I remember one case where the SW for the central computer of a satellite was generated from state-and-message diagrams by an automatic "model-based design" tool. In graphical form, the diagrams covered numerous A4 pages and each page had several cryptically labelled inter-page links for messages coming from other pages and going to other pages. It was very difficult to get any kind of overall understanding of the SW.

I admit that there are some domains -- for example, servo-control systems -- where it is possible to generate significant amounts of code from readable diagrams, eg. SIMULINK diagrams. But I don't think it works well for most code in embedded systems.

Reply to
Niklas Holsti

When you merge two FSM you often get redundant "don't care" nodes, but you also can get nodes which either are impossible to enter [dead code], or impossible to leave [halt], because there are no legal transitions that will permit it. Joining FSM involves identifying and pruning both types of nodes.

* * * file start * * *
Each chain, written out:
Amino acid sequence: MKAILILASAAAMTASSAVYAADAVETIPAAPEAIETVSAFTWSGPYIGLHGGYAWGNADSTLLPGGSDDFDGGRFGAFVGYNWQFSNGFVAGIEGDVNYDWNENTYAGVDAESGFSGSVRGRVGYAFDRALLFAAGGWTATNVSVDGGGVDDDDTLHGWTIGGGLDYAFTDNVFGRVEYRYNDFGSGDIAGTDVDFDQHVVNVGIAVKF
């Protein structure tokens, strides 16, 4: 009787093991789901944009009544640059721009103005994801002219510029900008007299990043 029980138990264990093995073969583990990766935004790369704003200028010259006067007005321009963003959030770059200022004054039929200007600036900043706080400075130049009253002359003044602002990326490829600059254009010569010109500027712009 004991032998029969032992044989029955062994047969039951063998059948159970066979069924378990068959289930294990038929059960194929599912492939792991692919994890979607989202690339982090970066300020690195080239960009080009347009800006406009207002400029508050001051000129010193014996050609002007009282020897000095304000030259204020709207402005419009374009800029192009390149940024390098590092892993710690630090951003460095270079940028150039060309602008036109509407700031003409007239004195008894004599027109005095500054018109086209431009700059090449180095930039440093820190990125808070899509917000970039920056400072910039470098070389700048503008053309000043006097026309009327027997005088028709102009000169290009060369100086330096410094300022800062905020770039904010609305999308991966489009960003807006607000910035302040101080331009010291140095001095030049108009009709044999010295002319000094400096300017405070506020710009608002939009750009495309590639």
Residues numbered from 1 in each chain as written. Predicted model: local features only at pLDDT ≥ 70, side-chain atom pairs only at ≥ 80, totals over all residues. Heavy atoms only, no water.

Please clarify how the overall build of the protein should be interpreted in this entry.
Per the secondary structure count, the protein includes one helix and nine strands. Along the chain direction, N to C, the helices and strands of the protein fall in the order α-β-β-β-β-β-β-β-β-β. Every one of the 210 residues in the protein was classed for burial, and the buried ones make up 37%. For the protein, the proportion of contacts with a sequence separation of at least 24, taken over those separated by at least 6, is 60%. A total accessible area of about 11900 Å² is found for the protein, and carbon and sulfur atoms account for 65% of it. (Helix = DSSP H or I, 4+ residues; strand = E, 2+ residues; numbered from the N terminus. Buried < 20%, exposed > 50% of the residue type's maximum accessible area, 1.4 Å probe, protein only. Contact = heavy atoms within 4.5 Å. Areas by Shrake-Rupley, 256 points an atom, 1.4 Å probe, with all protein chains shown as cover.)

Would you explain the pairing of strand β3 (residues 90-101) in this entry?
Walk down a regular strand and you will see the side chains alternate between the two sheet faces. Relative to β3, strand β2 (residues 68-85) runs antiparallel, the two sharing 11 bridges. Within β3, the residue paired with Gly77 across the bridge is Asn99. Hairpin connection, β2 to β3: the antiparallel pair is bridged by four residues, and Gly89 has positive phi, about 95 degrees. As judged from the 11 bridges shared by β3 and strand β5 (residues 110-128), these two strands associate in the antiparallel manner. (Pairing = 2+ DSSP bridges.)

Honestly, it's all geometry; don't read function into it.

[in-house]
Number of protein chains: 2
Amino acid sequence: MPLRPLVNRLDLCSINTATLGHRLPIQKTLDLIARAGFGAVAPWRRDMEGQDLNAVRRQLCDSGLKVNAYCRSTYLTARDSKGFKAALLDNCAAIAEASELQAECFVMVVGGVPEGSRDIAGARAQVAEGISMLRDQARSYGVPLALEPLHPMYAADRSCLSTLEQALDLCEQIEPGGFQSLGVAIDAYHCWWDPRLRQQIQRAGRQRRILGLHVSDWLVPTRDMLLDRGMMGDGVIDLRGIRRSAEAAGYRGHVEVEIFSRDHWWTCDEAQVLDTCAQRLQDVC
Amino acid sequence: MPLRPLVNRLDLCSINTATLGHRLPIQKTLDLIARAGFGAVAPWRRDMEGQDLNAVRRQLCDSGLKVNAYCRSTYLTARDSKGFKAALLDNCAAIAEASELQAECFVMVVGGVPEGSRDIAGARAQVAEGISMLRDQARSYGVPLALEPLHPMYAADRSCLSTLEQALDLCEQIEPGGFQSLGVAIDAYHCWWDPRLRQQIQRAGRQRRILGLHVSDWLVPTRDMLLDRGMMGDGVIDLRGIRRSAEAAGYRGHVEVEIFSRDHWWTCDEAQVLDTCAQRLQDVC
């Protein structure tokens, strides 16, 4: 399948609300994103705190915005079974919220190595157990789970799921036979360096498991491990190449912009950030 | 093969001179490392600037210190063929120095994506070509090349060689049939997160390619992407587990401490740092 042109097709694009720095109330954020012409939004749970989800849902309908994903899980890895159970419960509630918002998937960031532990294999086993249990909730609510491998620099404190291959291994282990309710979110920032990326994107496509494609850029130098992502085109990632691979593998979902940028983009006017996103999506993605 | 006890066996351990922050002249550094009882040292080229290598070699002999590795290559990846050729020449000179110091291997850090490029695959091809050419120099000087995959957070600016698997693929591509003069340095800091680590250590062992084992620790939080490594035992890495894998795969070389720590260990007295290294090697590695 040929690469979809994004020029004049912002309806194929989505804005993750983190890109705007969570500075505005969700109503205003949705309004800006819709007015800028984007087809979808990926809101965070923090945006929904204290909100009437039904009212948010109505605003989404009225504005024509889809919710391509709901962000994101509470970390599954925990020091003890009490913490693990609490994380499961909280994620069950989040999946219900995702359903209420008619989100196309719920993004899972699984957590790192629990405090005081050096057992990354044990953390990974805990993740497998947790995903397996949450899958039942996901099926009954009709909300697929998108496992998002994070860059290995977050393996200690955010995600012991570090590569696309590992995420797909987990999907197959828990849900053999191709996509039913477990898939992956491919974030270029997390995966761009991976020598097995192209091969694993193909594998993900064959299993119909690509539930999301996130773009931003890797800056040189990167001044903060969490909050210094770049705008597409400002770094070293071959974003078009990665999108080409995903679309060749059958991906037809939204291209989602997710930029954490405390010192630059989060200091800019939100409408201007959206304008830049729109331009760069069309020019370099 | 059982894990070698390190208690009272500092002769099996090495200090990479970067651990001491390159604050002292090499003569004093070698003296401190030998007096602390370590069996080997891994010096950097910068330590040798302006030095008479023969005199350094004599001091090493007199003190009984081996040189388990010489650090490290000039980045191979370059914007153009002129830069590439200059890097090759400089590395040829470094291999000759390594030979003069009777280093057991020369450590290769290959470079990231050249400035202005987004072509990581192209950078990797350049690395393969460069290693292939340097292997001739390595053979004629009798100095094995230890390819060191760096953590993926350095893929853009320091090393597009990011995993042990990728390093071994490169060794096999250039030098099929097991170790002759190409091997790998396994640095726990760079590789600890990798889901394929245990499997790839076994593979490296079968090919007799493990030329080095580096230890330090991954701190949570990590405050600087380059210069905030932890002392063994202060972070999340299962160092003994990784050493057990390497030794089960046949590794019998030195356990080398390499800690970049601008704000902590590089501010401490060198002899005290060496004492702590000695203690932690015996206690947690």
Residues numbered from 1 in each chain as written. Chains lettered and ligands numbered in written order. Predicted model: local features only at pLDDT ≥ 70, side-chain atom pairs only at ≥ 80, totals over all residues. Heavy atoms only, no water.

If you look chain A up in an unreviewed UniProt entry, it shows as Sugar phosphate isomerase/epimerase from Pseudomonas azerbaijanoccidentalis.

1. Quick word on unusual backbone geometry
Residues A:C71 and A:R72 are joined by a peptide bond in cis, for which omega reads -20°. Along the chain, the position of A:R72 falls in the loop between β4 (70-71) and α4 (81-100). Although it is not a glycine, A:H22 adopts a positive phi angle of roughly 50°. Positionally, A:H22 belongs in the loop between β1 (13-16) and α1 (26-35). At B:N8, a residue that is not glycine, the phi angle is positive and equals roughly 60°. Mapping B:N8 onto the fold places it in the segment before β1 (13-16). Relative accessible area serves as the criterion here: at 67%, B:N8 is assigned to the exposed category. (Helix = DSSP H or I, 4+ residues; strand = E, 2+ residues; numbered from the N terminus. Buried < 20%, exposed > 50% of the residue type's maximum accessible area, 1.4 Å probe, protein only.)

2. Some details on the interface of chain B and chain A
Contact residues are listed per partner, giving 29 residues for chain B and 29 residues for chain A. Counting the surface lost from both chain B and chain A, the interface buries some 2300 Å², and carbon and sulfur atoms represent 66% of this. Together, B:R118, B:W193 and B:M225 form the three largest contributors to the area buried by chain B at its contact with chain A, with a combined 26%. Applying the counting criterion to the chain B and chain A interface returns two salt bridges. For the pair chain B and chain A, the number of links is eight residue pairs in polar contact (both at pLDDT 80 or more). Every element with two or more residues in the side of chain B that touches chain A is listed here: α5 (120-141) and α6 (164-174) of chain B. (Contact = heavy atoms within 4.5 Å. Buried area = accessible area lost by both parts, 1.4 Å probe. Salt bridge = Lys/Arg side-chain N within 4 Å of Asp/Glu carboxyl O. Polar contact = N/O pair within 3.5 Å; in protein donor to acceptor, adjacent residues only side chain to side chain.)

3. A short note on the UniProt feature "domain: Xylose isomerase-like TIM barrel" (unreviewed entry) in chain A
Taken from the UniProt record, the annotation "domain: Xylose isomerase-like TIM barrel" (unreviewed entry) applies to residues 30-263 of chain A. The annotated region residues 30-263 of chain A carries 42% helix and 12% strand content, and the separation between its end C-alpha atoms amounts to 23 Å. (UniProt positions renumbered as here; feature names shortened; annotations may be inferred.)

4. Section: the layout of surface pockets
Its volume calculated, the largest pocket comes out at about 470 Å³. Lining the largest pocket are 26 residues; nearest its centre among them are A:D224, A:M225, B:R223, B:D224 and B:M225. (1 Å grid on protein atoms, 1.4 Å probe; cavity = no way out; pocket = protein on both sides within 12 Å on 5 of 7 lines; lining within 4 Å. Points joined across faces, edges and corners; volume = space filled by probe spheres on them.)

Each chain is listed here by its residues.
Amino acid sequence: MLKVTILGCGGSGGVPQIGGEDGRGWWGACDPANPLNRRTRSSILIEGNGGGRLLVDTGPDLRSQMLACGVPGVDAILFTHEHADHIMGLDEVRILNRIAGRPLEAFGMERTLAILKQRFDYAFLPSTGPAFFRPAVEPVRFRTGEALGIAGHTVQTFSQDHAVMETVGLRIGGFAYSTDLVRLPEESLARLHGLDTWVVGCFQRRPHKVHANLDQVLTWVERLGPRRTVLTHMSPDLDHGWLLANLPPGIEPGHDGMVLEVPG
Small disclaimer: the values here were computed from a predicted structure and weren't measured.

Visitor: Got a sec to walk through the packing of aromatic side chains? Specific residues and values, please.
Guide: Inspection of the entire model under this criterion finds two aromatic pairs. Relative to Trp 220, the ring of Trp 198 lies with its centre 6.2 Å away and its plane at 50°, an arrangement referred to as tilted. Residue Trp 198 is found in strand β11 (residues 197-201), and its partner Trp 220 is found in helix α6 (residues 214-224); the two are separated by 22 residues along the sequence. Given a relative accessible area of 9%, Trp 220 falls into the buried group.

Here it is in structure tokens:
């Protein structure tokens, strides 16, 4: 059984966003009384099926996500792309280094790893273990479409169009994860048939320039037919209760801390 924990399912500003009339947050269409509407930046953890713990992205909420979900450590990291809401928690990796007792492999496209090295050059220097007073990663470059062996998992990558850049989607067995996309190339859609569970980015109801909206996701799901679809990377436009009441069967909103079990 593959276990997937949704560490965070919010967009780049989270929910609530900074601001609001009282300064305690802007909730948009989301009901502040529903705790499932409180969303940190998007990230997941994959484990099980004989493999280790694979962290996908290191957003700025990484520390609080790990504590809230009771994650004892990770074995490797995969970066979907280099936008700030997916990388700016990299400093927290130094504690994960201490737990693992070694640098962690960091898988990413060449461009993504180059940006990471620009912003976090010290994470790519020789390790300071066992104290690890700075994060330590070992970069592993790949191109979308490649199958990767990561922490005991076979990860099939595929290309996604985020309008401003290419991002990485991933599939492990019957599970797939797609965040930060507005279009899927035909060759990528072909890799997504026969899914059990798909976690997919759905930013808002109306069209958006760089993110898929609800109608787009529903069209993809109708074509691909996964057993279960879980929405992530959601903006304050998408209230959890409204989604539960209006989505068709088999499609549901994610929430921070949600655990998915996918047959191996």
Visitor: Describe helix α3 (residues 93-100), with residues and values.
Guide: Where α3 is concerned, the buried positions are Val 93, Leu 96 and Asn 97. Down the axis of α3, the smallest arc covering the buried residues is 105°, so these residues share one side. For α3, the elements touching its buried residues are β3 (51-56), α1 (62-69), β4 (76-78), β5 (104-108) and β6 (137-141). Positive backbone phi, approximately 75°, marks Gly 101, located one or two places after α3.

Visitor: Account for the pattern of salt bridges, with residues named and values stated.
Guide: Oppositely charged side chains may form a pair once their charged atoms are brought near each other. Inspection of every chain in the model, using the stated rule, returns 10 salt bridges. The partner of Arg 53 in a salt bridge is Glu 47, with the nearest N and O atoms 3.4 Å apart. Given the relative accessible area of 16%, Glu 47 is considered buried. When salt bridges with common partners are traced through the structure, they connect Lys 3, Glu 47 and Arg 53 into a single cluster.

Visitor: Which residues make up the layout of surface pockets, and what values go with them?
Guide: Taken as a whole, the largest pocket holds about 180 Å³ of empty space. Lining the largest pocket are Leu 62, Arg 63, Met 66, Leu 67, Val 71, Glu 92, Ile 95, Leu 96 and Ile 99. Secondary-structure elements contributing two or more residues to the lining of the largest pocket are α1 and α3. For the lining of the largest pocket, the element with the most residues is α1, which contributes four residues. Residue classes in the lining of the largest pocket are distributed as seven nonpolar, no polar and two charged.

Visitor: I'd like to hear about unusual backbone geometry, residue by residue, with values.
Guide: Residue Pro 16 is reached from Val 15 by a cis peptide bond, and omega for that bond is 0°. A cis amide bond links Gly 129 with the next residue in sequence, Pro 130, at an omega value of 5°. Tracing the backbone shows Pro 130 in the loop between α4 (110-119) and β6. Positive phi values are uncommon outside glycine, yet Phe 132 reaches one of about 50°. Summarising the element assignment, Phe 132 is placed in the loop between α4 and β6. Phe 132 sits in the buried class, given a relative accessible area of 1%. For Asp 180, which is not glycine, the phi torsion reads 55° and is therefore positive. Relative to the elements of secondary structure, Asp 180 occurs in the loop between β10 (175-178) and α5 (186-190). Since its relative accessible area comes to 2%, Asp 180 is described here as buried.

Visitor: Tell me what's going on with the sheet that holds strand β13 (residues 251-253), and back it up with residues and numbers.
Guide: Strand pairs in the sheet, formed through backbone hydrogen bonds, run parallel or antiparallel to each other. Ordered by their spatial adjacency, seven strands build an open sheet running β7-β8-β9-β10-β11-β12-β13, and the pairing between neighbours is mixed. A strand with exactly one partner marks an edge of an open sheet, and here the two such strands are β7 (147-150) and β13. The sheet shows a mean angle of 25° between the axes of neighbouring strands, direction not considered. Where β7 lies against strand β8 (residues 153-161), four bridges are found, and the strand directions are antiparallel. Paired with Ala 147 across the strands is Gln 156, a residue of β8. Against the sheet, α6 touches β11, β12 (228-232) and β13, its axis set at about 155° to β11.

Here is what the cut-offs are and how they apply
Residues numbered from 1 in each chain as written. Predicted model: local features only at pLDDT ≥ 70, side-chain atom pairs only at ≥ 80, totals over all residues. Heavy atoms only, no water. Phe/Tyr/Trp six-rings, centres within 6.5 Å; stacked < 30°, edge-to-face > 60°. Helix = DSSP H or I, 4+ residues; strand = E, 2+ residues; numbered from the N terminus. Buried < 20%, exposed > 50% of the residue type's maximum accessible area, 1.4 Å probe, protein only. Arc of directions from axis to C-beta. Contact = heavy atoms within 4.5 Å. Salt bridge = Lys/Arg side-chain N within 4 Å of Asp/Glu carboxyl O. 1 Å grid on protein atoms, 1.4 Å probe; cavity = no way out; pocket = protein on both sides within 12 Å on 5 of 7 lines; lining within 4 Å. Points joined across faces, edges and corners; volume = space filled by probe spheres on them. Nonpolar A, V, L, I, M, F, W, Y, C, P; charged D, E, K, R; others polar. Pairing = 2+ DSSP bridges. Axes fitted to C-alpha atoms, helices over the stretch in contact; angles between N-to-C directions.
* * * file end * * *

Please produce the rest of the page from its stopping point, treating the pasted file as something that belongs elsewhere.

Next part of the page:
No. Consider the case of just recognizing a decimal digit: compare the graph using the alternation: (0|1|2|3|4|5|6|7|8|9), vs the graph using the class [:digit:].

Using the OR alternation, including start you have 11 nodes. Start has

10 transitions exiting, and each digit node has a single transition entering.

Using the digit class, you have 2 nodes, with 10 transitions that all get you from start to the digit class node.

Obviously this is simplistic, because the members of the character class form a subgraph which itself has to be recognized. The important point here is that the subgraph as a whole can represent a /single/ node in a much more complex graph - its constituent characters need not be repeated in the complex graph. More on this below.